No one at all acquainted with Ireland at the present can doubt that the country is feeling the throbs accompanying the birth of great movements. Everywhere there are stirrings of new life - intellectual, artistic, industrial, political, racial, social stirrings are to be seen and felt on every hand, and the nation is moved from end to end by the yeast-like pulsations of new influences. Amid such a renascence it would, indeed, be a strange phenomenon if Labour remained passive; if Labour alone moved in the old ruts and failed to respond to the call for a new adventuring of the spirit. Such a lack of response would argue a lifelessness of attitude, a blindness of mental outlook in the part of the toilers which would go far to neutralise and discount the value of the higher aspirations of the rest of the nation. Considering the state of slavery in which the masses of the Irish workers are to-day, some few aspects of which we have already noted in these columns, a state of restlessness, of "divine discontent", on the part of Labour in Ireland is an absolutely essential pre-requisite for the realisation of any spiritual uplifting of the nation at large. With a people degraded, and so degraded as to be unconscious of their degradation, no upward march of Ireland is possible; with a people restless under injustice, conscious of their degradation, and resolved, if need be, to peril life itself in order to end such degradation, though thrones and empires fall as a result - with such a people all things are possible - to such a people all things must bend and flow. A large nation may become great by the sheer pressure of its magnitude - the greatness of its numbers, as Russia to-day. A small nation, such as Ireland, can only become great by reason of the greatness of soul of its individual citizens.
It is, therefore, a matter of sincere congratulation to every lover of the race that the workers of Ireland are to-day profoundly discontented, and, so far from being apathetic in their slavery, are, instead, rebellious, even to the point of rashness. Discontent is the fulcrum upon which the lever of thought has ever moved the world to action. A discontented Working Class! What a glorious promise for the future! Ireland has to-day within her bosom two things that must make the blood run with riotous exultation in the veins of every lover of the Irish race - a discontented working class, and the nucleus of a rebellious womanhood. I cannot separate these two things in my mind; to me they are parts of the one great whole; different regiments of the one great army of progress. To neither will it be possible to realise its ideals without first trampling under foot, riding roughshod over, all the false conventions, soul-shrivelling prejudices, and subtle hypocrisies with which a tyrannical society has poisoned the souls and warped the intellect of mankind. Apart from the material, political and industrial forms in which the Labourer or the Woman may clothe their respective struggles, there is, in the fact of the struggle itself, in both cases, an emancipating influence which cannot be expressed in words, much less formulated in programmes.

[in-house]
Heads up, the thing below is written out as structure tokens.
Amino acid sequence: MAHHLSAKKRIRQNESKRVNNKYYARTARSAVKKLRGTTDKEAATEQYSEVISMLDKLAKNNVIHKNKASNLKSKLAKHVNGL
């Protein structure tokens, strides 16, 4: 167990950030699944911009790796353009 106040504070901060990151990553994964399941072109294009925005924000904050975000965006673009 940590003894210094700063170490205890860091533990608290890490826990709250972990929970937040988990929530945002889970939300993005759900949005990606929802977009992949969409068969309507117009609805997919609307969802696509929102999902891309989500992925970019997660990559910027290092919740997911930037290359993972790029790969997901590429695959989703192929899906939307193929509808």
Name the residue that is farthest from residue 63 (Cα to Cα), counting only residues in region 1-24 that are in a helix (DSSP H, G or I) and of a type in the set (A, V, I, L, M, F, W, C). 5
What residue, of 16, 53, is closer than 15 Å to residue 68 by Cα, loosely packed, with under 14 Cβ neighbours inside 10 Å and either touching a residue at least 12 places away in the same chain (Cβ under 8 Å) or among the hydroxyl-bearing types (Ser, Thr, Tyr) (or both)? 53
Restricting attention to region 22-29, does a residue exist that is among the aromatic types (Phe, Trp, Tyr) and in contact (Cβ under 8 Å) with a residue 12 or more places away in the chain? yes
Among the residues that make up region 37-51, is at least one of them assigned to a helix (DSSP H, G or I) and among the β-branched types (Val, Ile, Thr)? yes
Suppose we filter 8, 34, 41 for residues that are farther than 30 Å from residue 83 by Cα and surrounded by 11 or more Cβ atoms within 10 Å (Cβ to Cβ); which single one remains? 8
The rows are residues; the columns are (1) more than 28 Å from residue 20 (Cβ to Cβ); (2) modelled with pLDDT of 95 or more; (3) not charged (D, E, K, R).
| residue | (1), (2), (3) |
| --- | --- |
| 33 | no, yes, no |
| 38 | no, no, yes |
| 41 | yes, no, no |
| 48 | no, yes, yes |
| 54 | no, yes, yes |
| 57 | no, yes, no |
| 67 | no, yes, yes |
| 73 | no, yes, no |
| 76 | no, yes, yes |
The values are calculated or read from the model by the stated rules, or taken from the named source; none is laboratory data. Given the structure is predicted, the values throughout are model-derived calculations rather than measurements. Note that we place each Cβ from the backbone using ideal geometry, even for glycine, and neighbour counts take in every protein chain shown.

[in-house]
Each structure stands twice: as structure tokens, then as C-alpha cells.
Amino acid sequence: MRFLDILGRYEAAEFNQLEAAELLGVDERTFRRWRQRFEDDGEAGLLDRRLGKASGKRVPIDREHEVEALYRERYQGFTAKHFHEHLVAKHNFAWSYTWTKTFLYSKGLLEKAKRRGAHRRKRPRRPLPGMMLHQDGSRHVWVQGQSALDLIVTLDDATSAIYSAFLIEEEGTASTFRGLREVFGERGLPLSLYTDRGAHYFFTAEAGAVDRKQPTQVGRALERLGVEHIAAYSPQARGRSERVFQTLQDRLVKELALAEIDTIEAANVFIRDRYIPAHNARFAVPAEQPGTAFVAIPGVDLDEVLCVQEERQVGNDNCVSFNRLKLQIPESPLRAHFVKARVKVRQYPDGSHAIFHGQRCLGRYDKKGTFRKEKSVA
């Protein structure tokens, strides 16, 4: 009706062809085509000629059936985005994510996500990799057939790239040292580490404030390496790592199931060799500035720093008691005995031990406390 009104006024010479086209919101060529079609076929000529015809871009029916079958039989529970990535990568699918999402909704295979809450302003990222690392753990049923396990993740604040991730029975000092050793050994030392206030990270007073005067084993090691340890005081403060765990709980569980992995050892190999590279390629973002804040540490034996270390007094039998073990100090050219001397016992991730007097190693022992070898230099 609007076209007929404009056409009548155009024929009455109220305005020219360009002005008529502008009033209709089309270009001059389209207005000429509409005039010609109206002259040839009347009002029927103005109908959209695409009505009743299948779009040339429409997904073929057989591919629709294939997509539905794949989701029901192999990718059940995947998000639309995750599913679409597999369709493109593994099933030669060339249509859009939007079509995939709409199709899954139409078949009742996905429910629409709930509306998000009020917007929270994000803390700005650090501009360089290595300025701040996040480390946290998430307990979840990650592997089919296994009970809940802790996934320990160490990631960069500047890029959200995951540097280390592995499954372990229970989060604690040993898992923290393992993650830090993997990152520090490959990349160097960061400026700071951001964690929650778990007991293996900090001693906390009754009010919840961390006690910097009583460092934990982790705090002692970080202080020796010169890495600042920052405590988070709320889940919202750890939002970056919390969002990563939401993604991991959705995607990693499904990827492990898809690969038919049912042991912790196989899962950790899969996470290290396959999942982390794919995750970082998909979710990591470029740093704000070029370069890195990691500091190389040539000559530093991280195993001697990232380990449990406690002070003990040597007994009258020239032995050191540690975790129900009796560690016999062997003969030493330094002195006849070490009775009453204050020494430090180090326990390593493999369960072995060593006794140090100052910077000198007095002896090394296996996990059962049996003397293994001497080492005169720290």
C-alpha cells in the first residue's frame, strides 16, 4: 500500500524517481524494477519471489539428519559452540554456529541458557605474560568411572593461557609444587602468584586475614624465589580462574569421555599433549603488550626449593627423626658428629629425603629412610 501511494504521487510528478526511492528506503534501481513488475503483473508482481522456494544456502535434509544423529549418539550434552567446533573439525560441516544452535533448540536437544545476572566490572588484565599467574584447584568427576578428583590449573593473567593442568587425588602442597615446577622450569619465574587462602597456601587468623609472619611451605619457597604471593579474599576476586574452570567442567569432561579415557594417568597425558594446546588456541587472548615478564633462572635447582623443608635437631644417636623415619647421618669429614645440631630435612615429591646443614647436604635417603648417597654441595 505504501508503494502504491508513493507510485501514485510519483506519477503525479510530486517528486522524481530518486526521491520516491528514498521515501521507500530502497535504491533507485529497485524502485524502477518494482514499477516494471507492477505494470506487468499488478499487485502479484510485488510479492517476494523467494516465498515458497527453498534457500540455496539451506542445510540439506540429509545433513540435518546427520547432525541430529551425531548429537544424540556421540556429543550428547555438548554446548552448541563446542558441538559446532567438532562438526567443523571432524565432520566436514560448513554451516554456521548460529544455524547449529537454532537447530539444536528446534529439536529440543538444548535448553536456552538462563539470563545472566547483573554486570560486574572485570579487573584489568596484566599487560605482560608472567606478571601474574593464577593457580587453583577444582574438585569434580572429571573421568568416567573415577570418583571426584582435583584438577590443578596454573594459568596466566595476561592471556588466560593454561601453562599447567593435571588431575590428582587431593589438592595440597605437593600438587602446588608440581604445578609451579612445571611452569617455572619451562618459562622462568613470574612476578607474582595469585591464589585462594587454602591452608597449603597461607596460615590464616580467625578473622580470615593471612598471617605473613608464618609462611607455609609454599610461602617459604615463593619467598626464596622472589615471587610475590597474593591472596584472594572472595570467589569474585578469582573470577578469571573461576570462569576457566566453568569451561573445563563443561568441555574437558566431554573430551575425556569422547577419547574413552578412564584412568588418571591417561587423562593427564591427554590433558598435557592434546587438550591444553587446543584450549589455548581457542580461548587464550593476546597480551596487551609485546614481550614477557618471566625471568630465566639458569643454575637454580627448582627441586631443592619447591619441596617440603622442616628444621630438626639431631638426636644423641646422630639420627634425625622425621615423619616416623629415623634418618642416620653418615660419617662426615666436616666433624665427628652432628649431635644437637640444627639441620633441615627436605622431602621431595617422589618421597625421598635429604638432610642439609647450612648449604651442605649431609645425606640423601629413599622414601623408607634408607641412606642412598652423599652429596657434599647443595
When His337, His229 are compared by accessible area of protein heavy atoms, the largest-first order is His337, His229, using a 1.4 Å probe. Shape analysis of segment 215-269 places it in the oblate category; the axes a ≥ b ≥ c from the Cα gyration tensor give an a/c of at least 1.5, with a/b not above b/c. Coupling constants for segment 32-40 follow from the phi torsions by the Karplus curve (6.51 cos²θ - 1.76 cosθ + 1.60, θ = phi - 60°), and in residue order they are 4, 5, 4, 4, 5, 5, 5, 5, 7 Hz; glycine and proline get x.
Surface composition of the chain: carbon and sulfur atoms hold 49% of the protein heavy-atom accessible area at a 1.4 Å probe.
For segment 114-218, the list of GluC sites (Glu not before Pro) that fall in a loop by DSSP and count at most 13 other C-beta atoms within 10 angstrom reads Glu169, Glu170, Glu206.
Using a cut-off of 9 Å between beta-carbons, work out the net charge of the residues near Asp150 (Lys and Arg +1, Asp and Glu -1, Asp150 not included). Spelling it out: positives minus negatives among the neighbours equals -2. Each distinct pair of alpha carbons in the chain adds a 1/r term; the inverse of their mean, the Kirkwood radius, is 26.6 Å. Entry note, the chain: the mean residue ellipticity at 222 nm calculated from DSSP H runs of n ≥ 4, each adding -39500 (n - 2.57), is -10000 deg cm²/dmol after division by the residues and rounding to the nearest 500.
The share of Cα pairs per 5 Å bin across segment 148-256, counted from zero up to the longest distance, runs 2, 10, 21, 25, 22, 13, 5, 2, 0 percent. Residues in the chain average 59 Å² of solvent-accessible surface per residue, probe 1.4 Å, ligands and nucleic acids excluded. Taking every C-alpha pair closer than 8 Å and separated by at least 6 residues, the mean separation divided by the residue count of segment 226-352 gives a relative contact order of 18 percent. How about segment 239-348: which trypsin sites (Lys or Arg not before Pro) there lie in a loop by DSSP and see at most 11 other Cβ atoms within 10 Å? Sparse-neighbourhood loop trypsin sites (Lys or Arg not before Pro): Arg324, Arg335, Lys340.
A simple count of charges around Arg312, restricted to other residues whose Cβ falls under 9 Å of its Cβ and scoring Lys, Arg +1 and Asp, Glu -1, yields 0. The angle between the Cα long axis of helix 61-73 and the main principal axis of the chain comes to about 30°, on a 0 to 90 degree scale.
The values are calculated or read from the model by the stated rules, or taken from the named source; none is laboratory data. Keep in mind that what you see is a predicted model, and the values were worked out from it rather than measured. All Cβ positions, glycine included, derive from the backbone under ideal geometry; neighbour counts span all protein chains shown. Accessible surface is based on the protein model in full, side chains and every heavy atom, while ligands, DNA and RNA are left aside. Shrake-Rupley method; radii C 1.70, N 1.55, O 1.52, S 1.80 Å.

The Struggle Emancipates, let who will claim the immediate petty triumph.
We of the Working Class have much to be thankful for in the fact that in the upward march in which we are engaged, we are permitted to reap advantages of a material nature at each stage of our journey. If our wages are not increased, our toil lightened, our hours lessened, our conditions improved as a result of the daily conflict in which we are engaged, we know that it is because of some faltering on the part of ourselves or our fellow-workers, some defalcation on the part of some being of our army, and not a necessary or unavoidable part of the conflict itself. The Modern Labour Movement knows that a victory of any kind for the Working Class is better for the Cause, more potent for Ultimate Victory than a correct understanding of Economic Theory by a beaten Labour Army. The Modern Labour Movement is suspicious of theorising that shirks conflict, and seeks to build up the revolutionary army of social reconstruction by means of an army that fights and wins concessions for the fighters while it is fighting. Every victory won by Labour for Labour helps to strengthen the bent back, and enlarge the cramped soul of the labourer; every time the labourer, be it man or woman, secures a triumph in the battle for juster conditions, the mind of the labourer receives that impulse towards higher things that comes from the knowledge of power. Here and there, to some degraded individuals, the victories of Labour mean only increased opportunities for drink and degeneracy, but on the whole it remains true that the fruits of the victories of the organised Working Class are as capable of being stated in terms of spiritual uplifting as in the material terms of cash.
Let us then, with glad eyes, face the future! Ireland salutes the rising sun, and within Ireland Labour moves with the promise and potency of growing life and consciousness, a life and consciousness destined to grow and expand until the glad day when he who in this Green Isle says "Labour" must say "Ireland", and he who says "Ireland" must necessarily be planning for the glorification and ennobling of Labour.
Republished in James Connolly: Lost Writings, (ed. Aindrias Ó Cathasaigh), Pluto Press 1997.